Suit Hints at Rydex Price Tag
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Wednesday, August 08, 2007

Suit Hints at Rydex Price Tag

How much is Security Benefit Life paying for Rydex? Barring regulatory requirements, the value of a deal is typically a closely guarded secret by all involved. In the case of Rydex's sale, though, a lawsuit is bringing more details of the June 28 sale to light -- court records show that Security Benefit is spending as much as $775 million to buy Rydex (the sale is expected to close this fall). The suit also gives a glimpse into the firm's strategy to retain its senior staff through the sales process.

Prior to the June sale, published reports suggested that E-Trade had bid as much as $1 billion for Rydex, suggesting that the Viragh family did not take the highest monetary bid on the table.

The can be found in a lawsuit filed last week by Phil Fragasso, a senior vice president and chief marketing officer for Rockville, Maryland-based Rydex [download original and amended complaint PDFs]. Fragasso is claiming in the suit that Rydex CEO Carl Verboncouer made verbal promises that Rydex "would do the right thing" and give Fragasso accelerated phantom share grants if he signed a "more restrictive non-compete agreement." Fragasso also claims that some of the Rydex units he was promised had not been delivered by a June, when he claims they were due.

A spokesperson for Rydex said the firm could not comment on pending litigation. Wayne Dennison, Fragasso's counsel at Brown Rudnick Berlack Israels, is on vacation and could not be reached for comment.

According to Fragasso's complaint, Rydex provided special Executive Participation Units similar to phantom shares to roughly 25 of its senior executives as part of its Value Participation Plan. As part of the plan, the managers agreed to a non-compete agreement. Fragasso also claims in the complaint that he was given additional units in recognition for his serving as one of seven members of Rydex' Executive Office.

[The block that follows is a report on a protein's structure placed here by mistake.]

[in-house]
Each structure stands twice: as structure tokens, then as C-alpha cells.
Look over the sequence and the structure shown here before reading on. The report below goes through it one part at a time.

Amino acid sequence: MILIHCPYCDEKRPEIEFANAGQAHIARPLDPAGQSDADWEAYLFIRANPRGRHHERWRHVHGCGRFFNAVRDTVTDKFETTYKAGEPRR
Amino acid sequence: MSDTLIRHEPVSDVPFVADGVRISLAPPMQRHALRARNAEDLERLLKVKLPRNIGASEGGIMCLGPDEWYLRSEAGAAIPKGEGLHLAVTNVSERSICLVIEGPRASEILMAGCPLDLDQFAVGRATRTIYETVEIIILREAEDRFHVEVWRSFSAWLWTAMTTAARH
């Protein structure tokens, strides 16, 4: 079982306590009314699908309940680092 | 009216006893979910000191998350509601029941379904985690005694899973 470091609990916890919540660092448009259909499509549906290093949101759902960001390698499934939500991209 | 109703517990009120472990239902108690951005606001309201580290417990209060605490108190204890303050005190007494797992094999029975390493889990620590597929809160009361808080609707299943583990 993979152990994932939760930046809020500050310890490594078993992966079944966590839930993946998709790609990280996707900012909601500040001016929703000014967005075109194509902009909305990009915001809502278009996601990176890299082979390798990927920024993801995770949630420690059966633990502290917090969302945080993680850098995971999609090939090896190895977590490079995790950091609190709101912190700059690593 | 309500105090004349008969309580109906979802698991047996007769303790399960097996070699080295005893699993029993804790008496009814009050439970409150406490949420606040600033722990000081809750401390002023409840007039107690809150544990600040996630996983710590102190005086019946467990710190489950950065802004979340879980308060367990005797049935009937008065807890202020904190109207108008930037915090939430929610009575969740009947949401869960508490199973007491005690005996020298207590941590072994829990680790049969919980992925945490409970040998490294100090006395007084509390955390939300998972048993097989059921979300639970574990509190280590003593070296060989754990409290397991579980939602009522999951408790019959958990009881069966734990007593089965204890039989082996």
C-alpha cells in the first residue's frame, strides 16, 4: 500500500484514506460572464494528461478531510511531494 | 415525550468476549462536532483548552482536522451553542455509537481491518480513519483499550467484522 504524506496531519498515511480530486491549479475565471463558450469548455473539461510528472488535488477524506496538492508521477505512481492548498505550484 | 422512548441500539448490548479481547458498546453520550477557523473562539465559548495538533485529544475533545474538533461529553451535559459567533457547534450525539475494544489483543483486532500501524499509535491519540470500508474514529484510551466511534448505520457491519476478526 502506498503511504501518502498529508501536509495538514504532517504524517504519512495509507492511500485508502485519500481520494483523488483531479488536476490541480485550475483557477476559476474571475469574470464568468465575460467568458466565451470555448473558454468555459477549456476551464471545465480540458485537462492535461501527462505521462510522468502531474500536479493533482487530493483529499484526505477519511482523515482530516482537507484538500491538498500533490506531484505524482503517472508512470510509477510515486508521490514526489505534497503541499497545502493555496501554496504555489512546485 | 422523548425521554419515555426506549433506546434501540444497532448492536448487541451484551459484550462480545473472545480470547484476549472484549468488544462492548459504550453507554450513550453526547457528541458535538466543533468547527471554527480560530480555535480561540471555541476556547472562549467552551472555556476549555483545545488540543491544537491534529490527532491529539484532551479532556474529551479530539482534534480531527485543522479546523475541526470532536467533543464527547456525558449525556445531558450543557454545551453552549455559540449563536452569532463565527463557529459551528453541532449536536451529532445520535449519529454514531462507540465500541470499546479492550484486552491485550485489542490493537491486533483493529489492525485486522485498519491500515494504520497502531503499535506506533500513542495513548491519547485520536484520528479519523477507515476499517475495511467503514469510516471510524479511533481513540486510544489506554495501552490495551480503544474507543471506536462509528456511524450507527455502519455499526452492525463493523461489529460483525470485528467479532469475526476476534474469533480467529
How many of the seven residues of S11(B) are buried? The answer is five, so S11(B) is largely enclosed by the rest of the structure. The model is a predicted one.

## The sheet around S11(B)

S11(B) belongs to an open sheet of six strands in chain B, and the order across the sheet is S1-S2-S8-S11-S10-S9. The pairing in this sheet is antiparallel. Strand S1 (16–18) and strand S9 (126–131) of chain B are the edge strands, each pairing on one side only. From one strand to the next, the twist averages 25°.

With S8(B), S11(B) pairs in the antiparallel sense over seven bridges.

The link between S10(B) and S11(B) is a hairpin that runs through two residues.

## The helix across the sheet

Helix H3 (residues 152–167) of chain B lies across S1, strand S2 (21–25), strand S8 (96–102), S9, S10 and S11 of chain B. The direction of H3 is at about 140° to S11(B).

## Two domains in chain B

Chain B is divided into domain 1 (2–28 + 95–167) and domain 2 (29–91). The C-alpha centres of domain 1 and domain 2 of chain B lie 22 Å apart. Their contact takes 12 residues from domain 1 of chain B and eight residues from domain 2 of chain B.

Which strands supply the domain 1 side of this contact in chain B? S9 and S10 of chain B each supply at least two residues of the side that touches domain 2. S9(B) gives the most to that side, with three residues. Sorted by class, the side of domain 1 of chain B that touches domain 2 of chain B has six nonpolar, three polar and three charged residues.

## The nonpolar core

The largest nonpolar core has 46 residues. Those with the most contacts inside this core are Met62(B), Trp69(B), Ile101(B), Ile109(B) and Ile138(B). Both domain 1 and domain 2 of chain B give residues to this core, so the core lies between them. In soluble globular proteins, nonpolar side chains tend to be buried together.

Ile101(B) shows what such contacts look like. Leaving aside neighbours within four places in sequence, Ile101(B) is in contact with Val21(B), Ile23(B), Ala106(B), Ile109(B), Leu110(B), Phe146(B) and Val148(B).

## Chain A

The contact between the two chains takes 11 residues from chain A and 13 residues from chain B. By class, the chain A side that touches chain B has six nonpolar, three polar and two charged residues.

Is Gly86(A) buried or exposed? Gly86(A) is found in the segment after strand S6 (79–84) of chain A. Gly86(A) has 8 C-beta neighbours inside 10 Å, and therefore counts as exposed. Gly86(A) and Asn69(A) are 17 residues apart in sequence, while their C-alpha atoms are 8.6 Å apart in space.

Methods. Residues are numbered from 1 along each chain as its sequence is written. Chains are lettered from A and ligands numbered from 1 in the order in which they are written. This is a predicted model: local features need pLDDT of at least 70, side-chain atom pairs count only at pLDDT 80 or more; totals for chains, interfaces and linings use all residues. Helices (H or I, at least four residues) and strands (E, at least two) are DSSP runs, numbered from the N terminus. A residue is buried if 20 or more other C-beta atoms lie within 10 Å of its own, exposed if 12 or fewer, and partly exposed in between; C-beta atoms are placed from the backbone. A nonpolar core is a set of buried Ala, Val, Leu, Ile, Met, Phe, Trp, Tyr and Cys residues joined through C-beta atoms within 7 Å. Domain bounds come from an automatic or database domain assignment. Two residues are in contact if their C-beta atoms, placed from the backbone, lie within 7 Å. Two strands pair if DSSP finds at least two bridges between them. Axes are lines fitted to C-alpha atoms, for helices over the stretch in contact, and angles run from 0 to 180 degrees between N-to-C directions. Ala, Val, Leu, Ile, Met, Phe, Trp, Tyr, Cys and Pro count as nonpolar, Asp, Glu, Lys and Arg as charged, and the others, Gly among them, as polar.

Fragasso, who earlier in his career was a senior marketer at Liberty Funds (now part of Bank of America's Columbia Funds), joined Rydex in July of 2004.

An initial version of the complaint filed on August 1, said that "Security Benefit agreed to purchase Rydex for approximately $775 million" and that "$110 million is allocated by Rydex for payments to its senior executives." The initial complaint also claims that Fragasso's units were worth approximately $1.3 million because of the sale. Those references to the value of the sale were dropped in an amended filing with the court filed on August 3.

However, other sources who claim to be familiar with the terms of the sale have told The MFWire that the sales price came to between $770 million and $800 million. One of those sources also says that 26 Rydex executives, including CEO Verboncouer, will receive grants under the incentive plan ranging from $1.35 million for 10 of the executives to $25 million for Verboncouer himself.

The Viragh family, whose trust inherited the company when founder Skip Viragh died, is also providing a gift to employees who remain with the firm through the sales process, according to a source at the company. Those gifts are based on the employee's pay and length of service and average about $40,000 per person, according to the source.

Not all of the proceeds of the sale will go to the Viraghs. Goldman Sachs, the trust's bankers on the sale, will collect a fee of roughly seven percent of the sale price. That amount is in line with typical investment banking fees.

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